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Ergonomic of Sit Stand Workstations

An ache in your lower back, a pain in your neck, a cramp in your leg ... it's hard to believe sitting at your desk can cause so much pain. Bad body posture and repetitive movements can cause almost every part of your body to hurt and every aspect of your computer workstation setup can impact your comfort level. Continually reaching for objects, tilting your head to hold the telephone on your shoulder and resting your wrist on the sharp edge of your desk are just some of the ways pain is invited to knock at your door.

Everyday tools in primary reach zone (18"-22")Less frequently used items in secondary reach zone (24"-36")

Seating
  • Feet flat on the floor
  • Straight forearm
  • Support for lower back
  • No leaning forward
  • Thighs straight or parallel to floor and/or 10 degrees higher
  • Head over shoulders, shoulders over hips
Monitor
  • Top half of screen at or above eye level
  • 18"-24" away (approximately arm's length)
  • 40 degree viewing angle
  • Clean screen
  • Minimize glare
Keyboard Mouse
  • Elbow parallel to keyboard
  • Relax fingers and wrists
  • Wrists, hands and elbows parallel to floor
  • Relaxed shoulders, no slouching

You're typing away and suddenly you feel a tingling sensation weaving through your fingers and all the way to your wrists. It goes away for a while but then the sensation returns for an unwanted visit, this time bringing pain as a guest.

It could be that your hands and wrists have fallen victim to Carpal Tunnel, a Cumulative Trauma Disorder caused by performing repetitive tasks. Inside the wrist is a small channel known as the Carpal Tunnel formed by bones, ligaments, tendons blood vessels and a major nerve. Repetitive motions can put pressure and constrict this delicate channel causing painful tingling and numbing sensations throughout your hands, wrists and even arms. A few key adjustments to your workstation can help you avoid Carpal Tunnel Syndrome and other discomforts associated with the keyboard/mouse setup.

  • The Carpal Tunnel

Inside the wrist is a small channel known as the Carpal Tunnel formed by bones, ligaments, tendons blood vessels and a major nerve. Repetitive motions can put pressure and constrict this delicate channel causing painful tingling and numbing sensations throughout your hands, wrists and even arms. A few key adjustments to your workstation can help you avoid Carpal Tunnel Syndrome and other discomforts associated with the keyboard/mouse setup.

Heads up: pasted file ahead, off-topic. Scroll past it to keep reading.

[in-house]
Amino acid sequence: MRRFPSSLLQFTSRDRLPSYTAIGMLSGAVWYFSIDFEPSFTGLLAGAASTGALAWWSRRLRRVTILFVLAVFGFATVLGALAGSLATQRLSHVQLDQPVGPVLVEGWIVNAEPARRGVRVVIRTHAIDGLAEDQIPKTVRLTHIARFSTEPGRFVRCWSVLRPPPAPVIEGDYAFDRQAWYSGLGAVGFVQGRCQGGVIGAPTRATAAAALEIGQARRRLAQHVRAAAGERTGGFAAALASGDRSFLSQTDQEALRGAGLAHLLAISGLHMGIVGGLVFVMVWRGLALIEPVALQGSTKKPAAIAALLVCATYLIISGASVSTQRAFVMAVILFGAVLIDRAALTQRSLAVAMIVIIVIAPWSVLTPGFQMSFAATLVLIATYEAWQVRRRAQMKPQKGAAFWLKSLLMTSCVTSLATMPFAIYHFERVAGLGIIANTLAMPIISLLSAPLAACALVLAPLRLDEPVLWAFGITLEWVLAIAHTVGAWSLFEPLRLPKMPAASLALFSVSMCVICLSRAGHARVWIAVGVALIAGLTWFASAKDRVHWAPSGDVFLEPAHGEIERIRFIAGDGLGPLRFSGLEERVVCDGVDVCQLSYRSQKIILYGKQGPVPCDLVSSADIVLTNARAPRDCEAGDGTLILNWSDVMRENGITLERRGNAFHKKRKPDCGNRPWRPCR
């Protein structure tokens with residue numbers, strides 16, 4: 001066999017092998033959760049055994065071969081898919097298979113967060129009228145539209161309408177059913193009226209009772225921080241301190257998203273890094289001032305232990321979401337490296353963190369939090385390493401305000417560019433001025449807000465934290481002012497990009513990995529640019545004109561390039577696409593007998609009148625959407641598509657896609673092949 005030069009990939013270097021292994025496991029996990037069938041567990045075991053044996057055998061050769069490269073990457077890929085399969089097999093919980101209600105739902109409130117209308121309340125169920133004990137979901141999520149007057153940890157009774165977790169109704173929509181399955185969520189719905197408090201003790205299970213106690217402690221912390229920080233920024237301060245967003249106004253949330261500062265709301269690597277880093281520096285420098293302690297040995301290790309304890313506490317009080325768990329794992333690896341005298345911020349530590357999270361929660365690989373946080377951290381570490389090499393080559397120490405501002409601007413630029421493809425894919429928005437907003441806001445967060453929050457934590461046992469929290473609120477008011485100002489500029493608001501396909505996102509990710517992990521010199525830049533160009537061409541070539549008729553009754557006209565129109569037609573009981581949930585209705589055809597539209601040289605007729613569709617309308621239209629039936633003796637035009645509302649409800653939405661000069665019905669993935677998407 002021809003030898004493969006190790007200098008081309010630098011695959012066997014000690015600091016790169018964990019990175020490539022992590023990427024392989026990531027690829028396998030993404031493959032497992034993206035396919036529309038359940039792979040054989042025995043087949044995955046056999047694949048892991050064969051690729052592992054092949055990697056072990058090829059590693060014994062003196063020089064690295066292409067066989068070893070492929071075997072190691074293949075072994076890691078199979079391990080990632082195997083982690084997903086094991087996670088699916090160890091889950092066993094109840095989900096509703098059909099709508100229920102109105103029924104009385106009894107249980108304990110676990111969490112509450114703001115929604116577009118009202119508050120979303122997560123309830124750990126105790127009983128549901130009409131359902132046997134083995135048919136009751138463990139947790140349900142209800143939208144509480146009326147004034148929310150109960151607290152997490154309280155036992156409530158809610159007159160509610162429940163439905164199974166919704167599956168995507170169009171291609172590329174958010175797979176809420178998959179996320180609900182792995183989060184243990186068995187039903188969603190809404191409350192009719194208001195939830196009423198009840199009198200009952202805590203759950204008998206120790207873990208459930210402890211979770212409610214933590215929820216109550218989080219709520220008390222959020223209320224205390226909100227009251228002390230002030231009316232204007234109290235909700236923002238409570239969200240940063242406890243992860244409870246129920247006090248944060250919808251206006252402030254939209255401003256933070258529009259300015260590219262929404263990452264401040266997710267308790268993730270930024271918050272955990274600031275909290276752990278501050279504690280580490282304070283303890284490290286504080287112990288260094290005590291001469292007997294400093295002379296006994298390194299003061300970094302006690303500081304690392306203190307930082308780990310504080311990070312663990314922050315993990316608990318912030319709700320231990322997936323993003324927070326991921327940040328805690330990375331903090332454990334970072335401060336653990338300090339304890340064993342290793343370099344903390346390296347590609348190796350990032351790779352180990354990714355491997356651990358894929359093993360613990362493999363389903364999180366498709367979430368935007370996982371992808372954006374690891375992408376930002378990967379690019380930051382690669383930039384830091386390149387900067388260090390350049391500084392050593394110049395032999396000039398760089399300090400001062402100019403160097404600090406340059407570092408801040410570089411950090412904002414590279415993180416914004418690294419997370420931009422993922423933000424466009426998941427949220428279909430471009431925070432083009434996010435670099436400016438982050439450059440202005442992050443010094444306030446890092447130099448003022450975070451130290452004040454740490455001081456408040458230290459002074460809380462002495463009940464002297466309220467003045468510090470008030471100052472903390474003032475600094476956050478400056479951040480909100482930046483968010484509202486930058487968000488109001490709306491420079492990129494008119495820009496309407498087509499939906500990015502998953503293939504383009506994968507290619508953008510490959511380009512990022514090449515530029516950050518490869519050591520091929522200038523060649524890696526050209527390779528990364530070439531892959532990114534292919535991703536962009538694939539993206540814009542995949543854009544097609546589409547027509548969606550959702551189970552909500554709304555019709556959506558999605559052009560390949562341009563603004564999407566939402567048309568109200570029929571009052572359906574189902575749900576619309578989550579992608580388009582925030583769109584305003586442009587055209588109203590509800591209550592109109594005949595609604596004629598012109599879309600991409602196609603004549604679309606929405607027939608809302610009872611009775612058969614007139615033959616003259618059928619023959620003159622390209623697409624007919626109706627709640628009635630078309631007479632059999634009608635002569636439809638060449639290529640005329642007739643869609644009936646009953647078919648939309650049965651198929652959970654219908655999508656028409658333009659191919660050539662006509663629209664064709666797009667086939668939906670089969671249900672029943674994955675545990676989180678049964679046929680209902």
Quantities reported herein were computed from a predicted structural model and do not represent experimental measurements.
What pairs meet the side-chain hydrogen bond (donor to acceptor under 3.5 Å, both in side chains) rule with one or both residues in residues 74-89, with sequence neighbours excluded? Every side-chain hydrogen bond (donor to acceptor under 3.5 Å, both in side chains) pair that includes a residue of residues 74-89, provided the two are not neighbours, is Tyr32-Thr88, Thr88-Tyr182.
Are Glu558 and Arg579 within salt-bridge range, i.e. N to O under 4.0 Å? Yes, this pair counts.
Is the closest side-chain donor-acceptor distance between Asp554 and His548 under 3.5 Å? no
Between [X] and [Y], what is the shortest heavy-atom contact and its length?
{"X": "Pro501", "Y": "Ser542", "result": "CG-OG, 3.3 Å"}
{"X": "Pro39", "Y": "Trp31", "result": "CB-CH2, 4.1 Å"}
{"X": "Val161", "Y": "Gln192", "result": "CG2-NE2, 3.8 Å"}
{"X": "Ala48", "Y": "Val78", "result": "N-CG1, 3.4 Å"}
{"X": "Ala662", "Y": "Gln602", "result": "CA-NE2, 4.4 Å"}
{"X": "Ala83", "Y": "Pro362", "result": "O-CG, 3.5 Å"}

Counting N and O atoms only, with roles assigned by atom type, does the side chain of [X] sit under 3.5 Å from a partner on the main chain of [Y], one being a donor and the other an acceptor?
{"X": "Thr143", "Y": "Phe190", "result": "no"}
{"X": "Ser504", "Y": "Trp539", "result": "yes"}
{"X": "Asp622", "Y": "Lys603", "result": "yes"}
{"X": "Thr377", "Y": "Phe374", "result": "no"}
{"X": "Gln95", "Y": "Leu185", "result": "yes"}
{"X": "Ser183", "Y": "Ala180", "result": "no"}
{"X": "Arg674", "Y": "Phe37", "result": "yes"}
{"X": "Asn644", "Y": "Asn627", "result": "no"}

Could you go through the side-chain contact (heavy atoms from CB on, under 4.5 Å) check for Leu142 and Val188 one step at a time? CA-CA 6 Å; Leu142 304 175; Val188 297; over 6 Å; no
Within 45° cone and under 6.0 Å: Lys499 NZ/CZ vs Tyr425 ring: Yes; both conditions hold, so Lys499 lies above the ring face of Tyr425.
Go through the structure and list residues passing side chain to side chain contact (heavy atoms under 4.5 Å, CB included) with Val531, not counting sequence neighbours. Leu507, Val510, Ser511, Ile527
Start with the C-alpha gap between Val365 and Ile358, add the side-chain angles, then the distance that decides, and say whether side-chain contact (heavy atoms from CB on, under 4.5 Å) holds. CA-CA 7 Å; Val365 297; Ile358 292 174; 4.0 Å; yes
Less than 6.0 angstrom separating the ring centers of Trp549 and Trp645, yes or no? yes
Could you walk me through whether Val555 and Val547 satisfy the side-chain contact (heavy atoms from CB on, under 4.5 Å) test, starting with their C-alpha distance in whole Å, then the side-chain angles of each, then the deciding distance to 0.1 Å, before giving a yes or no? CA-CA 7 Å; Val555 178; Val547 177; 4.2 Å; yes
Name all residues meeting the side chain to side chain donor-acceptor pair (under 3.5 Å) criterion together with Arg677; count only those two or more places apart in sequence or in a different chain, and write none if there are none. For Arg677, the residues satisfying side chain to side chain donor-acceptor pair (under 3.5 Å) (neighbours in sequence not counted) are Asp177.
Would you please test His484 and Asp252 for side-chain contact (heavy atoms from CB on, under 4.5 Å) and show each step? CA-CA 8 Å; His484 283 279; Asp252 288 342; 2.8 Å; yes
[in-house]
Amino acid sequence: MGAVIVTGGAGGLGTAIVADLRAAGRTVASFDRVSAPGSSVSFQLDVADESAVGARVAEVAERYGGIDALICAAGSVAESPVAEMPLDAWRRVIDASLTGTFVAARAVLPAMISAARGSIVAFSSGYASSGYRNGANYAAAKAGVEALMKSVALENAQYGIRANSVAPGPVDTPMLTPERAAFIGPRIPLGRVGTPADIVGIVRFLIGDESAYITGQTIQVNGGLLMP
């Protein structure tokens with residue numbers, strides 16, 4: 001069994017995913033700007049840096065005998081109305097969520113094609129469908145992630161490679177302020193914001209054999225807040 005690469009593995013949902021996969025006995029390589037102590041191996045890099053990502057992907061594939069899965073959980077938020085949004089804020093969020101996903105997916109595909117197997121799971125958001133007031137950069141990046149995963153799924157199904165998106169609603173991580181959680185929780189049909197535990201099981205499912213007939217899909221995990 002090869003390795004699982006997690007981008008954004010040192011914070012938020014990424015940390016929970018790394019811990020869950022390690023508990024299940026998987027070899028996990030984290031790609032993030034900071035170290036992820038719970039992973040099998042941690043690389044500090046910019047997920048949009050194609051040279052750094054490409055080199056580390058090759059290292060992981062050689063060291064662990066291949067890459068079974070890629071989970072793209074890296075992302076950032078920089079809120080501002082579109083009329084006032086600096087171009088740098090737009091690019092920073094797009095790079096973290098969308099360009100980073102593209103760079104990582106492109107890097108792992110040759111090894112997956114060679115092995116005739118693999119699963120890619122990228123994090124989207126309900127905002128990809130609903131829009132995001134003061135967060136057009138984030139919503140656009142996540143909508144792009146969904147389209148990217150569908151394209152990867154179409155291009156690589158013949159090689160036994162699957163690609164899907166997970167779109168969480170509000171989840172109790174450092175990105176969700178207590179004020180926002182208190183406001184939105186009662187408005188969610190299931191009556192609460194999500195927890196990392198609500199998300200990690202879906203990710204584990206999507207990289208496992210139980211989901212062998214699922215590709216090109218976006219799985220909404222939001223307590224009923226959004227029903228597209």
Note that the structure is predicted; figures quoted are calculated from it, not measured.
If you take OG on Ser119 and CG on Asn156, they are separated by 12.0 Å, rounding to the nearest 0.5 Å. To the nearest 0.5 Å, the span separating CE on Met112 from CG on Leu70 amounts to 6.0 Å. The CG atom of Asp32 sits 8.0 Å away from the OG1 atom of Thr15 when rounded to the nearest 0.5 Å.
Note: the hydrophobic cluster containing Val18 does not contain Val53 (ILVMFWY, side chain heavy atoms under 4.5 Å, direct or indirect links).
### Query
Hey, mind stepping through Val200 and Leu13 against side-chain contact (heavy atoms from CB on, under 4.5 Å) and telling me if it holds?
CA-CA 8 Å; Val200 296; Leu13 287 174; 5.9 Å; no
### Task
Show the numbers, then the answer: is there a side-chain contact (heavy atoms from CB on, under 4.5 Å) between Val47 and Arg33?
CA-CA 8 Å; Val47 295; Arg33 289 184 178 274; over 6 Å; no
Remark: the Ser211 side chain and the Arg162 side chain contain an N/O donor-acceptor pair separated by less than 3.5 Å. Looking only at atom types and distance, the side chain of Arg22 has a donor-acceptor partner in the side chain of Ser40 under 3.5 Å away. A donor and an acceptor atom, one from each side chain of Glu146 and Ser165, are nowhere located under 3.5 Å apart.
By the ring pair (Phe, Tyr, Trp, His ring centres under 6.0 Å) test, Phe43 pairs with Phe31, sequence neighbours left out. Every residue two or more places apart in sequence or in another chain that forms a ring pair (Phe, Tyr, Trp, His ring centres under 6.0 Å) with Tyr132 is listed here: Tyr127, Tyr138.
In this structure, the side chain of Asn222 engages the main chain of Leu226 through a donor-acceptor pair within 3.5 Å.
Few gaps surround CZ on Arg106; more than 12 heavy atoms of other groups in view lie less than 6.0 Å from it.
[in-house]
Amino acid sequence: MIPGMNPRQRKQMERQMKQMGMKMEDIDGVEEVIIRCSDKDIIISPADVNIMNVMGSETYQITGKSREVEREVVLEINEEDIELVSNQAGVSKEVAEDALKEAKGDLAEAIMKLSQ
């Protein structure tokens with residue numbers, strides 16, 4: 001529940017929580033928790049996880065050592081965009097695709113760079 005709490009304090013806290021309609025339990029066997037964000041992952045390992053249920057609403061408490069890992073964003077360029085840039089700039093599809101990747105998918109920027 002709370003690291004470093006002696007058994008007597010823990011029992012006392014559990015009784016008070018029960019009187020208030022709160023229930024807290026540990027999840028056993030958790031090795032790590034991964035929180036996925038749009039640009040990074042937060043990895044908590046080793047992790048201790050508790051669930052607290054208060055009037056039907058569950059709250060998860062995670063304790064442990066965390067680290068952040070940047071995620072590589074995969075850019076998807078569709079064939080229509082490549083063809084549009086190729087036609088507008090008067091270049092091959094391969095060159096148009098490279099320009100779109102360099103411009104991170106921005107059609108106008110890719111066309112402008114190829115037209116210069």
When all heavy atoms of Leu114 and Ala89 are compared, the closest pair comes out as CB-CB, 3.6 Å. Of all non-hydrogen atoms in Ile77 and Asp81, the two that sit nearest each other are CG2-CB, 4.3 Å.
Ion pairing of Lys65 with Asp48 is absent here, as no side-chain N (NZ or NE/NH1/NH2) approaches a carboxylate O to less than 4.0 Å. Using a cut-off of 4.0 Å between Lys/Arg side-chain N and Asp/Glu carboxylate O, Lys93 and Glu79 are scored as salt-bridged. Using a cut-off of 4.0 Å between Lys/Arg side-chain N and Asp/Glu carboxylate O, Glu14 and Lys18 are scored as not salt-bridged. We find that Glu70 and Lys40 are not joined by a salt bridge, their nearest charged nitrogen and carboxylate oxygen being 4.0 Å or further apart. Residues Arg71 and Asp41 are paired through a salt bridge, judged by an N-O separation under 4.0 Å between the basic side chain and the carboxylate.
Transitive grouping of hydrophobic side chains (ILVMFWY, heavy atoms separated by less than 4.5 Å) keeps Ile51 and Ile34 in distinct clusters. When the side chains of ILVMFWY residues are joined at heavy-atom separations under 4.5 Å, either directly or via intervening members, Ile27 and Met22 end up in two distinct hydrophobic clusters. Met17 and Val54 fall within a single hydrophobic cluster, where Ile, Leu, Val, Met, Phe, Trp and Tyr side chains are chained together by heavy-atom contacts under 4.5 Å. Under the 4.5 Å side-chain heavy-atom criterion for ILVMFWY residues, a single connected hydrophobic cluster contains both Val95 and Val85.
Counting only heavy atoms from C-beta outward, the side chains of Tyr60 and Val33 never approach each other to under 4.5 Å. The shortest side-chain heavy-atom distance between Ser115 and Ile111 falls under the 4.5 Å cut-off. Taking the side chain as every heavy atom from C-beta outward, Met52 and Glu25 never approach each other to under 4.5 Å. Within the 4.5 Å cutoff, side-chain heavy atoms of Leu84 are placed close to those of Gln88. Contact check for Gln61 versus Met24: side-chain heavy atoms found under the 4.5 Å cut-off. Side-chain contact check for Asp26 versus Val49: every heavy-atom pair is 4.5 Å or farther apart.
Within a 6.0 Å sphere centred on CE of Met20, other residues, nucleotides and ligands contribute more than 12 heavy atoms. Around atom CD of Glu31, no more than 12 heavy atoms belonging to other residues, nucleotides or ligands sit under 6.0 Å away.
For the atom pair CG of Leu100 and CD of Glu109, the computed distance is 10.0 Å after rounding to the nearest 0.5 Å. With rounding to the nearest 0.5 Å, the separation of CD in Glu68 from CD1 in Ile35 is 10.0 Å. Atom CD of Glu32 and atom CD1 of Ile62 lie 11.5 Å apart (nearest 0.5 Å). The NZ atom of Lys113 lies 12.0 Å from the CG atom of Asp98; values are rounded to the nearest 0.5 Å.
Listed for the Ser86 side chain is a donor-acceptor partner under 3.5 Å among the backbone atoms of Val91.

• Adjustable Keyboard Height

Use an height adjustable keyboard tray to ensure the keyboard and mouse are positioned at the correct height (approximately between 25" to 27" high for most people) and orientation (not sloping frontward). While seated, place hands on keyboard with level forearm and measure from floor to your elbow bone. That measurement is your ideal keyboard height.

  • Keyboard
Feeling pressure on your wrists? It could be that your keyboard is angled incorrectly putting strain on your arms and wrists. When using your keyboard and mouse, keep wrists, hands and elbows parallel to the floor. To obtain this neutral position, lower the feet on your keyboard to place the keyboard as flat as possible and avoid flexing your wrists. Adjust chair height and use a footrest if needed to keep feet flat and supported. Place the keyboard directly in front of you. Use a wrist rest for added comfort and to help avoid the sharp edges of your desk. If you are dealing with pronation (hands angled out and palms down) using a split keyboard that has an angled height may give you some relief.  
  • Mouse
Keep your mouse immediately to the right or left of your keyboard and at the same level. Relax your fingers, hands and shoulders. Program your mouse to a faster speed so minimum movement is required to relieve hand and wrist tension. This is done with an existing software driver usually located in the control panels. Consider using an upright mouse to address pronation. For additional relief use a mouse that will allow right and left hand mousing. rollermouse-red.png

           

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Reaching for things you use all day long can really have you contorting your body. A coffee cup placed awkwardly next to the monitor, a telephone at the far end of the desk, a daytimer always on the shelf behind you, reaching and stretching for commonly used items extends your arms and shoulders, twists your back and puts your muscles into a tight position.    

Work stations with surfaces that "surround" you are ideal for correct neutral zone ergonomics. A surround desk provides up to 25 percent more workspace than a standard rectangular desk allowing you to place everything you need within arm's length. There is also a secondary neutral zone for items you use less frequently such as file organizers, 10-key, and reference books. These items should be placed 24 -- 36 inches to keep items close and still give you workspace (bring items closer when in use).    

Sore shoulders, muscles, neck, elbows and lower back, you name it, reaching for things, affects your entire body. And the neutral zone doesn't just apply to your workstation, it applies to every activity you do. So start observing how you reach for things and remember the number one rule for items you use frequently -- keep 'em close!